Tuesday, July 28, 2009

Starting Pitching For The Win (no, really)

The Yankees, at the present moment, easily have the best offense in all of baseball. They lead in home runs, OBP, total bases, OPS and walks, and are on pace to score over 100 more runs than last year. Scoring 1000 runs looks unlikely at this point, but it is not entirely out of the question.

For all that the offense has done, however, it's not the reason that Yankee fans are getting excited about this autumn.

A great offense can help you get to October, but, as the Yankees have seen first hand in recent years, it won't help you stay there.

The difference this year, as it is in any year in which a team is a serious contender, is the pitching.

Just think about this:

In 2008, the Yankees had games started by Mike Mussina and Andy Pettitte, sure, but then also Phil Hughes, Ian Kennedy, Chien Ming Wang, Joba Chamberlain, Dan Giese, Darrell Rasner, Sidney Ponson, Alfredo Aceves, Kei Igawa and Carl Pavano (and probably others I can't remember).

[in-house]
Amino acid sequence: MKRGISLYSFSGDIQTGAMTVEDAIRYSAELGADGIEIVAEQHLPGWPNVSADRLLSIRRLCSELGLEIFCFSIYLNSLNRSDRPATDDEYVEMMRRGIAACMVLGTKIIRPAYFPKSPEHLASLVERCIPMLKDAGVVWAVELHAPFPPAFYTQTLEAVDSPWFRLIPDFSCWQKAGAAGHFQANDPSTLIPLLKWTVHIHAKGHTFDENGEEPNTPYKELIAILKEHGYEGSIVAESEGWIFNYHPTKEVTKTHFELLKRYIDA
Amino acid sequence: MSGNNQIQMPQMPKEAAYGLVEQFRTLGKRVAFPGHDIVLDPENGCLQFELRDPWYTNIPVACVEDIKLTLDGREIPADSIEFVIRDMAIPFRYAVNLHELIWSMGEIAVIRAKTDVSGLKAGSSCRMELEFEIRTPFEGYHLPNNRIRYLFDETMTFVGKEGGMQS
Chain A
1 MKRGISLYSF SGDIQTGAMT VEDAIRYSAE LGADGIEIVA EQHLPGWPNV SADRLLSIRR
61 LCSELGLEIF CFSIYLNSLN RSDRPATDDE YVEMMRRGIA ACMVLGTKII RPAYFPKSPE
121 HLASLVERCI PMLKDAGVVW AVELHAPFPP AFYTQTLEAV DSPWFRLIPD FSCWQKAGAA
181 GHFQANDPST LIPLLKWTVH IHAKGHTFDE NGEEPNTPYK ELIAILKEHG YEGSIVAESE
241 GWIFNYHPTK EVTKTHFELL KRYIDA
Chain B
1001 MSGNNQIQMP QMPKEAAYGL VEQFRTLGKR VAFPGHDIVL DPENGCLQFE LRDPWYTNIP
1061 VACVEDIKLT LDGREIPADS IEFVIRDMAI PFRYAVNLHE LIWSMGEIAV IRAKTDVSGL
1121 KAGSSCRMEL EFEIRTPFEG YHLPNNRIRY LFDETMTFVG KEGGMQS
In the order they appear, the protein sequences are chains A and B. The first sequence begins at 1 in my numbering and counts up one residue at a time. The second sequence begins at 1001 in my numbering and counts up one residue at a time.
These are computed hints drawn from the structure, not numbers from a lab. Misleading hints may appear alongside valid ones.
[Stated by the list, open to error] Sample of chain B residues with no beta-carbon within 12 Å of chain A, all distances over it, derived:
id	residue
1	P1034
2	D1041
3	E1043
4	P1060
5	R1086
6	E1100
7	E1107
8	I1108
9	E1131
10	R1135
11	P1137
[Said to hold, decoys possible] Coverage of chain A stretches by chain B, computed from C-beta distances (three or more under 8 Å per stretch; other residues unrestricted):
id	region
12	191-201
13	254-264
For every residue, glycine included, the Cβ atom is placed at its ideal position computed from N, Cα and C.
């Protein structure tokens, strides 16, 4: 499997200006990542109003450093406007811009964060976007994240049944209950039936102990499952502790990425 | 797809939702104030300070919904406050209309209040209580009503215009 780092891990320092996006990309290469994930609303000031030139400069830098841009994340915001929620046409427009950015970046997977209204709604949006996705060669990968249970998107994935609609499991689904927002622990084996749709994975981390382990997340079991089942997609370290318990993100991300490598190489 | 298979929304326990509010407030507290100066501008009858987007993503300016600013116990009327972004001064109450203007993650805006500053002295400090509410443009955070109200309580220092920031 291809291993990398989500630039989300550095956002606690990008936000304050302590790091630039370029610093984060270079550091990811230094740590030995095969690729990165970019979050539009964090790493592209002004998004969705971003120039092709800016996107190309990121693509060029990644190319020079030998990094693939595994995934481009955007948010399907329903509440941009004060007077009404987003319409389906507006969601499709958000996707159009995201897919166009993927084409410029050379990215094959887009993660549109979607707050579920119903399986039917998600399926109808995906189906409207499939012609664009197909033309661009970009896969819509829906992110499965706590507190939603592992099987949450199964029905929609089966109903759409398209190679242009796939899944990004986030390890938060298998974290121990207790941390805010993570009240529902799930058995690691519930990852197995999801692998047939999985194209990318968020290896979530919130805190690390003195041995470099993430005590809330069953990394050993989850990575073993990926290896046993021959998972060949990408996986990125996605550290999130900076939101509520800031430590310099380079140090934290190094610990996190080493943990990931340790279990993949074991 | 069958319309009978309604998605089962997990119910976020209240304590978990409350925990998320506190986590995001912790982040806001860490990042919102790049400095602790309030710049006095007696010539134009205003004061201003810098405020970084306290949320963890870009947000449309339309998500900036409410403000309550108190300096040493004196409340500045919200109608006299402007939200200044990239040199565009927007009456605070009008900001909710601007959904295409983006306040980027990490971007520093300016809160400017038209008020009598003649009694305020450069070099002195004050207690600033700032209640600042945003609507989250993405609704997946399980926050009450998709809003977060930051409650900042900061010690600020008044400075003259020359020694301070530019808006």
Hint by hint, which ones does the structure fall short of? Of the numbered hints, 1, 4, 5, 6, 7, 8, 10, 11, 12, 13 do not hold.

In 2009, thus far, the Yankees have had games started by CC Sabathia, AJ Burnett, Andy Pettitte, Joba Chamberlain, and then, only in the fifth spot do you see the variation of Chien Ming Wang, Phil Hughes and Sergio Mitre.

It's not just that the quality of pitching has been better this season, but it's also been more consistent. With the exception of Wang, starters are making start after start and, even if they struggle, still manage to find a way to keep the Yankees in the game.''

Since the All Star break, every Yankee starter has gone at least five innings, and every starter not named Sergio Mitre has gone six. Most have gone seven innings, and while the Yankees are 10-1, they are probably one 0-2 pitch away from 11-0.

It's not a coincidence.

Sure, the Yankee bullpen has been pretty solid, especially at the back end, but the caveat here is that the bullpen doesn't really matter if the starting pitcher can't do his job.